The NZ Reserve Bank has again left its key cash rate unchanged on 1.0% while again reserving the right to change rates, especially if the impact of China’s coronavirus crisis proves to be bigger than currently expected.
The statement issued after the bank’s monetary policy committee’s decision described the coronavirus outbreak as “an emerging downside risk.”
“We assume the overall economic impact of the coronavirus outbreak in New Zealand will be of a short duration, with most of the impacts in the first half of 2020.
“Nevertheless, some sectors are being significantly affected.
“There is a risk that the impact will be larger and more persistent. Monetary policy has time to adjust if needed as more information becomes available.
The statement pointed out that NZ employment “is at or slightly above its maximum sustainable level while consumer price inflation is close to the 2 percent mid-point of our target range.”
“Low-interest rates remain necessary to keep employment and inflation around target.”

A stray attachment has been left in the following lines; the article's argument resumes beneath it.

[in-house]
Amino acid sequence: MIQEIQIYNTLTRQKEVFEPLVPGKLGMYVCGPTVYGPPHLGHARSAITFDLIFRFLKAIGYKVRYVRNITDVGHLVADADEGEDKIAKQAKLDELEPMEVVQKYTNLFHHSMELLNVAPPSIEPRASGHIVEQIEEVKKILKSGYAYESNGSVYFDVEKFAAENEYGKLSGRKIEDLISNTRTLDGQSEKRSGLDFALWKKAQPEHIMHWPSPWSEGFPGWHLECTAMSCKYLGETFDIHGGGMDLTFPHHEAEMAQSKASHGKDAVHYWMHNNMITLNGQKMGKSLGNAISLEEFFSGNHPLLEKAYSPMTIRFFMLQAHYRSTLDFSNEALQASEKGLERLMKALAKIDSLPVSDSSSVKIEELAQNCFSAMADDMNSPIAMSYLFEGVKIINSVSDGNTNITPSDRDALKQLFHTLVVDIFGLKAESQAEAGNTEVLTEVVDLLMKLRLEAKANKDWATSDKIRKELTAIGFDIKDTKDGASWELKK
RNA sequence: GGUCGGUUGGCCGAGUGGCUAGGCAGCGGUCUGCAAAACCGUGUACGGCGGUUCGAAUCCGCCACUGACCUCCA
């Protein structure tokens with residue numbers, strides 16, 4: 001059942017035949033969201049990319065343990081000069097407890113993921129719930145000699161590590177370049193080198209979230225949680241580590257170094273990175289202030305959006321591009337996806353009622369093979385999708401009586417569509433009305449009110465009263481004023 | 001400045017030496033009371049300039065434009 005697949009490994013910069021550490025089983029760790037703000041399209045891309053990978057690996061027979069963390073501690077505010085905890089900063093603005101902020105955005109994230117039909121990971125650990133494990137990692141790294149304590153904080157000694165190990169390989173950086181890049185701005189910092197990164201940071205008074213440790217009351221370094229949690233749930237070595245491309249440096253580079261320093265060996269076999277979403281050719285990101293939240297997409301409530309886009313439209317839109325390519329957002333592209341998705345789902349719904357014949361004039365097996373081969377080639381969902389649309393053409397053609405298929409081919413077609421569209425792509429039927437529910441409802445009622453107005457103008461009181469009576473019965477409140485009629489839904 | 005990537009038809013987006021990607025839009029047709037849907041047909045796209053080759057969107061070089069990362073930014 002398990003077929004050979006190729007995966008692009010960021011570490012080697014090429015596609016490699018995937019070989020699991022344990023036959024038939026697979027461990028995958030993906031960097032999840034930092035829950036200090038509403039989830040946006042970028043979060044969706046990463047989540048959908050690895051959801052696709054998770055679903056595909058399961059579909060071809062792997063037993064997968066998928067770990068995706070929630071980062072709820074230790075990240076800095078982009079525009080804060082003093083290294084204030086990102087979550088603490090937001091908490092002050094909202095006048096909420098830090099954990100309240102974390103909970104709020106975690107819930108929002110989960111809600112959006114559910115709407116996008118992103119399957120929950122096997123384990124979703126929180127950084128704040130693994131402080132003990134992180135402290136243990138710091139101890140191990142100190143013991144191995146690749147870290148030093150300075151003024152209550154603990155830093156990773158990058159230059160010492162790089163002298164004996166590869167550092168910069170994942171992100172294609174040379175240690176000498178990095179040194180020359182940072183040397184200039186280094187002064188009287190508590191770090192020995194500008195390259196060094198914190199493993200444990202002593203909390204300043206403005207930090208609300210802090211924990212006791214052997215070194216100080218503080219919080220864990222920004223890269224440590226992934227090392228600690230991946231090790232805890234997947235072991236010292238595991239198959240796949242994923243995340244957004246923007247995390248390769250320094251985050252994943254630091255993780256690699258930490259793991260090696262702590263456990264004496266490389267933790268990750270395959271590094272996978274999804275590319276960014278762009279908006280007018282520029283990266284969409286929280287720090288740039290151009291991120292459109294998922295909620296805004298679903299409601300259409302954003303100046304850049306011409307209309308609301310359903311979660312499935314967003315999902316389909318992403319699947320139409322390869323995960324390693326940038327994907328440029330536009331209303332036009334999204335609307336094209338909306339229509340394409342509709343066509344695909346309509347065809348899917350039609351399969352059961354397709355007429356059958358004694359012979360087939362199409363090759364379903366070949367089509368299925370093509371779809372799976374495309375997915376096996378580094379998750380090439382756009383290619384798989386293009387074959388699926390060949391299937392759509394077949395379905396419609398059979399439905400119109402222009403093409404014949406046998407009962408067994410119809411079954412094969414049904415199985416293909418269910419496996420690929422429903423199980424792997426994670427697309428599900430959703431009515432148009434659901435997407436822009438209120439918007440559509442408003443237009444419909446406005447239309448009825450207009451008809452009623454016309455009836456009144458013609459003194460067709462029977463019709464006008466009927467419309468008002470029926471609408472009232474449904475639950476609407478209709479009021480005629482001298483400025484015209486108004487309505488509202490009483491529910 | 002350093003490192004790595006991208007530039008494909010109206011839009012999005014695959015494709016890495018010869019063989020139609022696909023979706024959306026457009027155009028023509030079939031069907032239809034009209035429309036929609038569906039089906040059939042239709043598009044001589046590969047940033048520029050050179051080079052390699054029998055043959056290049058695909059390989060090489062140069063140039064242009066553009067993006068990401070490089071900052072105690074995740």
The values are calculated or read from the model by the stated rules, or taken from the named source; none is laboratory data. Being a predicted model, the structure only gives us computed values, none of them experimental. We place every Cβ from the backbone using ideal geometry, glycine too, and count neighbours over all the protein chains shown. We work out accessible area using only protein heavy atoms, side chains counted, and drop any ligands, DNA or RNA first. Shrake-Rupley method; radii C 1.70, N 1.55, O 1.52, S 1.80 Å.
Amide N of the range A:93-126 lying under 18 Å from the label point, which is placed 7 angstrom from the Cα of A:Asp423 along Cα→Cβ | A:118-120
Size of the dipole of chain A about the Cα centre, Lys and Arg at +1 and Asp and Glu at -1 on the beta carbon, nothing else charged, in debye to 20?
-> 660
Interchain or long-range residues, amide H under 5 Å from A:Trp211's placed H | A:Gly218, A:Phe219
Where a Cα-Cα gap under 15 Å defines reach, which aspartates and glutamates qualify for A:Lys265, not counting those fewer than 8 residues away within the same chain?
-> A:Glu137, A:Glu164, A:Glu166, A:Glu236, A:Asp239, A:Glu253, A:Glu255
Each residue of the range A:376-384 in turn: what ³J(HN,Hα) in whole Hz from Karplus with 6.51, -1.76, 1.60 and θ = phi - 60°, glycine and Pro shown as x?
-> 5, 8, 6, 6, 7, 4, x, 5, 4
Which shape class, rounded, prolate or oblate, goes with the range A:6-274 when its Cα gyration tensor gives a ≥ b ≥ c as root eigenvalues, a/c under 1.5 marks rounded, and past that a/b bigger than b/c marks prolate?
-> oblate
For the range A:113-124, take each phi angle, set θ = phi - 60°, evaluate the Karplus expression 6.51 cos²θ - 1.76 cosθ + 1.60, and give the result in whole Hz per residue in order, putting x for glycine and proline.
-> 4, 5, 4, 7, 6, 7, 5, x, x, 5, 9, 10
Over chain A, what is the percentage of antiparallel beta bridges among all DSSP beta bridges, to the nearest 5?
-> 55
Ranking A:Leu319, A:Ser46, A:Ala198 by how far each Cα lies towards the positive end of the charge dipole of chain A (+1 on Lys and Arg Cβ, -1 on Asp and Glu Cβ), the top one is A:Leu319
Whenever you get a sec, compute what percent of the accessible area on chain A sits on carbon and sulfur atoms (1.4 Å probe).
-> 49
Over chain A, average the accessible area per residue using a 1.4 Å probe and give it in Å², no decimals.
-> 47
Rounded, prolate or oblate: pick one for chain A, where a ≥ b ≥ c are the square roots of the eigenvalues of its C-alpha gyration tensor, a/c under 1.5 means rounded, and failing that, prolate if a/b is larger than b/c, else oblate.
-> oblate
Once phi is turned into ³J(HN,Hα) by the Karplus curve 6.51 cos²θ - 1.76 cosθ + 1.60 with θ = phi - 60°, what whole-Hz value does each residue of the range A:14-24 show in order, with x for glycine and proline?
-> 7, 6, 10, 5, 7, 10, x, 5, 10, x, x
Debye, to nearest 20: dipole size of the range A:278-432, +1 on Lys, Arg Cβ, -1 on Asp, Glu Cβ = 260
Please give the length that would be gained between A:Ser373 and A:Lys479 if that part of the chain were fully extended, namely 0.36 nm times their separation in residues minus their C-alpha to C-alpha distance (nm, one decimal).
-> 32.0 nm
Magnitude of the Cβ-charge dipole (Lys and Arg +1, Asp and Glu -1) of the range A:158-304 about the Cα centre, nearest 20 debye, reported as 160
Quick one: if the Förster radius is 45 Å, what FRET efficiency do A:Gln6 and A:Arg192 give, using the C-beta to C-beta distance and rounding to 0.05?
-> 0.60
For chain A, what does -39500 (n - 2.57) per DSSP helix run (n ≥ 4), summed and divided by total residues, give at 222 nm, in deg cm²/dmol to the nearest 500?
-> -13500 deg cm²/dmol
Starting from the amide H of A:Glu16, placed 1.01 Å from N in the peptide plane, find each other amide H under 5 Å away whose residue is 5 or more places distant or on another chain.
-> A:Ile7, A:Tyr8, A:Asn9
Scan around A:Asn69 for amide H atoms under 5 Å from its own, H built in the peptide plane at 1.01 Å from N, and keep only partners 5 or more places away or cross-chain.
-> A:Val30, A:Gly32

That is a similar statement to what we saw last week from the Reserve Bank of Australia with the important exception that employment here is not anywhere near its “maximum sustainable level” and for that reason, the RBA will aim to keep rates as low as possible for as long as possible.
Kiwi consumer inflation is also higher than Australia’s CPI which is another reason why the RBA will be keeping rates low.
And unlike Australia where the outlook for this is clouded by the impact of the bushfires and the coronavirus, NZ’s central bank is expected a rise in the pace of activity as the year goes on.
“Economic growth is expected to accelerate over the second half of 2020 driven by monetary and fiscal stimulus, and the high terms of trade. The outlook for government investment is stronger following the Government’s announcements in December. There are also indications household spending growth will increase.
But not before a sluggish start to the new year has been overcome.
“However, soft momentum in economic growth has continued into early 2020. Slower global growth over 2019 acted as a headwind to domestic growth. In addition, competitive pressures and recent subdued business confidence have suppressed business investment,“ the RBNZ statement said.